What is 15 years?
To those who have lived longer, a decade and a half can seem like a brief interlude. And yet it constitutes more than half of an entire generation: most high school freshmen had not been born by September 2001.
It’s worth pondering the significance of 15 years’ passing as we mark the anniversary of the September 11, 2001 terror attacks. Foremost is the remembrance of those who perished that day — nearly 3,000 victims in all, including 184 at the Pentagon. Those who were lost are forever mourned.
Many others who were directly impacted survived that day, but bear scars that will never completely heal. First responders who 15 years later can’t quite escape images of the day’s carnage and carry chronic ailments from the smoke and debris. Coworkers of the dead whose lives were spared by their tardiness for work. People who missed their flights that day. Workers at the Pentagon or World Trade Centers who got out in time. For those, the whys and what ifs linger.
More than any event of the last half-century, Americans remember exactly where we were when we heard about the attacks. Alexandrians who were outside on that spectacularly clear Tuesday morning reported feeling the impact of the crash. In the D.C. region, panic ensued, as we didn’t know if this was but the first wave of a broader series of attacks. Parents frantically tried to reach their children at school. Family members and friends tried to contact their loved ones at work.
But 15 years also provides us with the opportunity to evaluate meanings that go beyond the immediate experience of September 11. A sense of American invincibility died that day along with the victims. For the first time since Pearl Harbor, our country suffered a major attack by an external enemy on our own soil.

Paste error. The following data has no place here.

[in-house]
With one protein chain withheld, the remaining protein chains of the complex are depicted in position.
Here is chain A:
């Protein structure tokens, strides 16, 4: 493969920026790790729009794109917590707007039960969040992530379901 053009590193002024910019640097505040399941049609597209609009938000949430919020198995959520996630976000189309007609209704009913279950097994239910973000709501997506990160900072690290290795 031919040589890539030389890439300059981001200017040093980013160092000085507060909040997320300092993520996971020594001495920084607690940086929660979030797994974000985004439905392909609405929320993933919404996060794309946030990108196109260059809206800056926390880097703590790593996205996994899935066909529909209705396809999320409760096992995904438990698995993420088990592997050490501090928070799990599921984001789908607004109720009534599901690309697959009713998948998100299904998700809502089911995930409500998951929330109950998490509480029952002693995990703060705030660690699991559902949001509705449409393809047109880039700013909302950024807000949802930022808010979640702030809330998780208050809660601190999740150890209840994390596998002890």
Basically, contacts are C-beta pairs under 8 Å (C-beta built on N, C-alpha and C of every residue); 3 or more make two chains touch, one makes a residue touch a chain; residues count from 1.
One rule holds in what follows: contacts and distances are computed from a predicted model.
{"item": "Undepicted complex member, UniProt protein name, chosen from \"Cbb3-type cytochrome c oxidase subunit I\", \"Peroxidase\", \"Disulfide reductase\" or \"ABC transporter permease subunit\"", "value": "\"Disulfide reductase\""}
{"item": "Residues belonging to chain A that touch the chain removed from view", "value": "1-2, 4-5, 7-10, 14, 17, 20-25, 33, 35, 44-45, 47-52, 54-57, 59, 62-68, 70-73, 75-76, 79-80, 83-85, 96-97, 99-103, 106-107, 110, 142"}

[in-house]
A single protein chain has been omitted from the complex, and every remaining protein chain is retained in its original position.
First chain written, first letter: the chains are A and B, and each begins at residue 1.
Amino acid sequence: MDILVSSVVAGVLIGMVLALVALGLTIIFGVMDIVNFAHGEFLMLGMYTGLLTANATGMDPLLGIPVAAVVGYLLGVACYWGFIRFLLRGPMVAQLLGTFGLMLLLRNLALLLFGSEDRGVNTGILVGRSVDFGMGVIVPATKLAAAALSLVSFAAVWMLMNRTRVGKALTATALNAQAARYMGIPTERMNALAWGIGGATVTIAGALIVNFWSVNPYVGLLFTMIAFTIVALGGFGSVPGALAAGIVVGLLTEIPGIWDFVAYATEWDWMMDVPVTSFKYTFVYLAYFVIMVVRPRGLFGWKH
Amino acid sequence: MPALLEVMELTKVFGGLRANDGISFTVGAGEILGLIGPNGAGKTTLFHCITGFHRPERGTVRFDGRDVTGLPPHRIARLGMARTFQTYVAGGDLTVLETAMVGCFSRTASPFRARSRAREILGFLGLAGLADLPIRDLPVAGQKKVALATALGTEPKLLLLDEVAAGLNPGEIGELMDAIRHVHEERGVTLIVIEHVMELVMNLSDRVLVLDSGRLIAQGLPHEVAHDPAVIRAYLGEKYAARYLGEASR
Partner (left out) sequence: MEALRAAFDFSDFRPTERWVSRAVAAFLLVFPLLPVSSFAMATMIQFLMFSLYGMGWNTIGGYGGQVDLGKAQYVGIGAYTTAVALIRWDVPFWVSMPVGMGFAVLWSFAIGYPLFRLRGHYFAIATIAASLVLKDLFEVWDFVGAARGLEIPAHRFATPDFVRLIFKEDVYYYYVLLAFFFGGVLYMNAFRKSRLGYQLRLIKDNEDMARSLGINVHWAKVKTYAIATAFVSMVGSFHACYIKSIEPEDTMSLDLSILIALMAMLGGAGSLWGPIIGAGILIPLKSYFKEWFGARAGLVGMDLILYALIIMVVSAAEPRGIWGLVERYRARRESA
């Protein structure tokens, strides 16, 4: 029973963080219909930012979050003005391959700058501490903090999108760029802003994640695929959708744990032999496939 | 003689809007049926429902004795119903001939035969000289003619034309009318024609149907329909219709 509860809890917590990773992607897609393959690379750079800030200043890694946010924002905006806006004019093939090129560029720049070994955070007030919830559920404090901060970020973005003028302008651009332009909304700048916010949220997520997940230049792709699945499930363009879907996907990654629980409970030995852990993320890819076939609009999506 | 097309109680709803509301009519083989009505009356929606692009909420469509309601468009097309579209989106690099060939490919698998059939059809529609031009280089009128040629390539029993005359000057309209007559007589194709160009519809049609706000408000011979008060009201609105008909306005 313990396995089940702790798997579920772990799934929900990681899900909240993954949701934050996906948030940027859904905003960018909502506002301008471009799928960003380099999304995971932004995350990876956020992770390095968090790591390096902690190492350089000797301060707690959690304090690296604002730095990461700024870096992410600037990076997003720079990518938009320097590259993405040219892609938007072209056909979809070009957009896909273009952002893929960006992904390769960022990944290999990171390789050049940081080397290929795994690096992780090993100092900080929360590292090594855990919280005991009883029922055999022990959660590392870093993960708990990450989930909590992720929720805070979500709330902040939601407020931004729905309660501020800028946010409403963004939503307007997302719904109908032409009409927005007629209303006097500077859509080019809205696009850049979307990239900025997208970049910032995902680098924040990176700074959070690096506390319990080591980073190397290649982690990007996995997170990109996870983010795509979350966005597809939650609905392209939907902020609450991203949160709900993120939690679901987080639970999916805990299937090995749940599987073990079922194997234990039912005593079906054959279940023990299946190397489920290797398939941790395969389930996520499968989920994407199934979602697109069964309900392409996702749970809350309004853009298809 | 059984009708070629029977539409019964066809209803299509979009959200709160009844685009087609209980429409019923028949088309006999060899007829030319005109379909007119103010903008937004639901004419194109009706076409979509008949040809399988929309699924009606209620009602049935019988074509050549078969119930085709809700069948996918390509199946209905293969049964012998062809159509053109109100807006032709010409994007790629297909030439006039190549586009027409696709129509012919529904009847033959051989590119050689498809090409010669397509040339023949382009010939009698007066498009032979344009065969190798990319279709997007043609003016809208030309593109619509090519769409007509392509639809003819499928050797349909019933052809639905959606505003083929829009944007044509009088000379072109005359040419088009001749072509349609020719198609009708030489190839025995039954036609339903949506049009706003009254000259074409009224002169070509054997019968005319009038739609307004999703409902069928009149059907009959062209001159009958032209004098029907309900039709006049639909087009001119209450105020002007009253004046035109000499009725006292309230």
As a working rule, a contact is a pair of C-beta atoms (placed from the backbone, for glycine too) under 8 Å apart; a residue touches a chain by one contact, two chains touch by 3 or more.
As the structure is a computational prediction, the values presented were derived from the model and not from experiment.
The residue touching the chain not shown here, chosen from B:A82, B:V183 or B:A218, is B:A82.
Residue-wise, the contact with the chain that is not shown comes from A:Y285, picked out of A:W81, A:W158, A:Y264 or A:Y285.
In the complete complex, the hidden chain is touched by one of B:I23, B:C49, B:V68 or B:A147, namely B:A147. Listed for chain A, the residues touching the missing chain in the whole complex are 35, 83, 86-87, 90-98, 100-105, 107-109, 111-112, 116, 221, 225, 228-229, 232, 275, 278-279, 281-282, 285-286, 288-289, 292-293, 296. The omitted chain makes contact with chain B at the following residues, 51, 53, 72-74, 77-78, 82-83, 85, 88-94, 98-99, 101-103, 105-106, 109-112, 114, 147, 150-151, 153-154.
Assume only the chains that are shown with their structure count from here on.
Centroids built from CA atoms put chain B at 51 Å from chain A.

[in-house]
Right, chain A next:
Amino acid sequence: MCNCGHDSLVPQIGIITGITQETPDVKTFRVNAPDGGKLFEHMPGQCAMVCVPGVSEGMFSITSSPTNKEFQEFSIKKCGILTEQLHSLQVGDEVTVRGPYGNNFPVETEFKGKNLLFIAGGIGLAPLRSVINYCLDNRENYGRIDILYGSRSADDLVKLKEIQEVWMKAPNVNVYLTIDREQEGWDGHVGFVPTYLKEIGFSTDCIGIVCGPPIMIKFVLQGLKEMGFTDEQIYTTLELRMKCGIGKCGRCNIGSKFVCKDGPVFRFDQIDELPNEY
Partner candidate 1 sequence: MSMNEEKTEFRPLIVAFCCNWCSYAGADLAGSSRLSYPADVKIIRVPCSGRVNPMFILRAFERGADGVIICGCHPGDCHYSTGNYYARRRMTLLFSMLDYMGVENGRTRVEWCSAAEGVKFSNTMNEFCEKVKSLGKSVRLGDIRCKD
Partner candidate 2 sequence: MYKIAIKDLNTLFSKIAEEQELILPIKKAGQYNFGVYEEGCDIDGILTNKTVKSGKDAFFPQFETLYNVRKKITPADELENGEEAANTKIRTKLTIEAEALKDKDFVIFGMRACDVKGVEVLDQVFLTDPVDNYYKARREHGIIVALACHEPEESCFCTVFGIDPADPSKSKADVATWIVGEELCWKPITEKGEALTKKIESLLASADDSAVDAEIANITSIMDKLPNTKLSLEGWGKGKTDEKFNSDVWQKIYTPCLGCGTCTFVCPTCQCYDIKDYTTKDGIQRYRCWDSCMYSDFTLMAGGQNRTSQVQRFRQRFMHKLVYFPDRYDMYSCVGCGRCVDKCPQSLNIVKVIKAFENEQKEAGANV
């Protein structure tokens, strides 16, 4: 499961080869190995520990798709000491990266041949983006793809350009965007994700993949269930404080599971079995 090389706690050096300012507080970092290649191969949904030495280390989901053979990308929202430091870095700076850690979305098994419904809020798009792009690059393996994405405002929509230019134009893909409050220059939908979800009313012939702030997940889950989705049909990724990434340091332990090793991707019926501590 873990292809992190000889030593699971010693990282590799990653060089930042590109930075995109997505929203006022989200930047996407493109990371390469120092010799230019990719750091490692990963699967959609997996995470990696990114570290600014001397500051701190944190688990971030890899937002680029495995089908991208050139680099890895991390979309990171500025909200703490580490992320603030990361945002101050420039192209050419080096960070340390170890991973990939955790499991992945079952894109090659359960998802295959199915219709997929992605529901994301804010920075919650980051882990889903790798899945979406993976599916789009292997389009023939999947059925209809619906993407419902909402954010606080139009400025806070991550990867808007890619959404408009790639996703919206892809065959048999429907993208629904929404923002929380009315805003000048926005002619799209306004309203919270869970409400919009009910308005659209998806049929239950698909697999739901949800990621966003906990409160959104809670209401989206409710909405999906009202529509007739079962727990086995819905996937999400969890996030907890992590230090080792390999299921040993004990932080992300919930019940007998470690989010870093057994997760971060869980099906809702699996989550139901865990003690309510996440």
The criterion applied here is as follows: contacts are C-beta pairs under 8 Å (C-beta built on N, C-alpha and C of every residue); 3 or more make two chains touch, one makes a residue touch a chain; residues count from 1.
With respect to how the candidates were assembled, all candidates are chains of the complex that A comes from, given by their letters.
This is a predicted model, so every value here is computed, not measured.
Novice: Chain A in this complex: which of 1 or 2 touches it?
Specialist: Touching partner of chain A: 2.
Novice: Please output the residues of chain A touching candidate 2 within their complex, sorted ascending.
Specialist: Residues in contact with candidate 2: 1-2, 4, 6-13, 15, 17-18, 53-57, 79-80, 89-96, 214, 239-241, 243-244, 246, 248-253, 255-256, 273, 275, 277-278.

That day wound up launching us into two wars, in Afghanistan and Iraq, where we remain involved to this day. Like a mythical sea-monster, the tentacles that we chopped off in those endeavors were replaced by stronger and more plentiful threats. The terrorists of 2001 have been supplanted by today’s ISIS, an enemy even farther-reaching and more dangerous than Al-Qaeda.
Fifteen years later, we have sacrificed freedoms to the Patriot Act, NSA surveillance and airport searches in an effort to keep us safe. Our military and intelligence agencies have done a marvelous job of thwarting large-scale follow up attacks on American soil. And yet, as we look at major terrorist attacks around the world and smaller ones here at home, we feel — and likely are — less safe.
Birthdays, anniversaries and reunions all are emphasized in years that end in zero and five. Looking back in five-year intervals allows us to remember milestone events in a more meaningful way. When the commemorated events are happy ones, the subsequent gatherings are usually full of joy.
But it’s also important to gather and reflect on tragic events, as a group of firefighters who responded on September 11 — including Alexandria fire chief Robert Dubé — recently did when they gathered at the Pentagon. Alexandria will also hold a commemoration of 9/11 this Saturday at 5 p.m. at Market Square, located at 301 King St. Mayor Allison Silberberg and representatives from the city’s police and fire departments and the sheriff’s office will speak, and the Alexandria Harmonizers and City of Alexandria Pipes and Drums will perform.
And we must never forget that grace exists even in the most tragic of circumstances. From the ashes of September 11, 2001 rose the Alexandria Community Trust, established in part with funds donated by the family of Norma L. Steuerle, an Alexandria resident who died in the attack on the Pentagon. Each good work that ACT for Alexandria does is a tribute to Steuerle and those who died with her.
In remembering, we both honor and heal.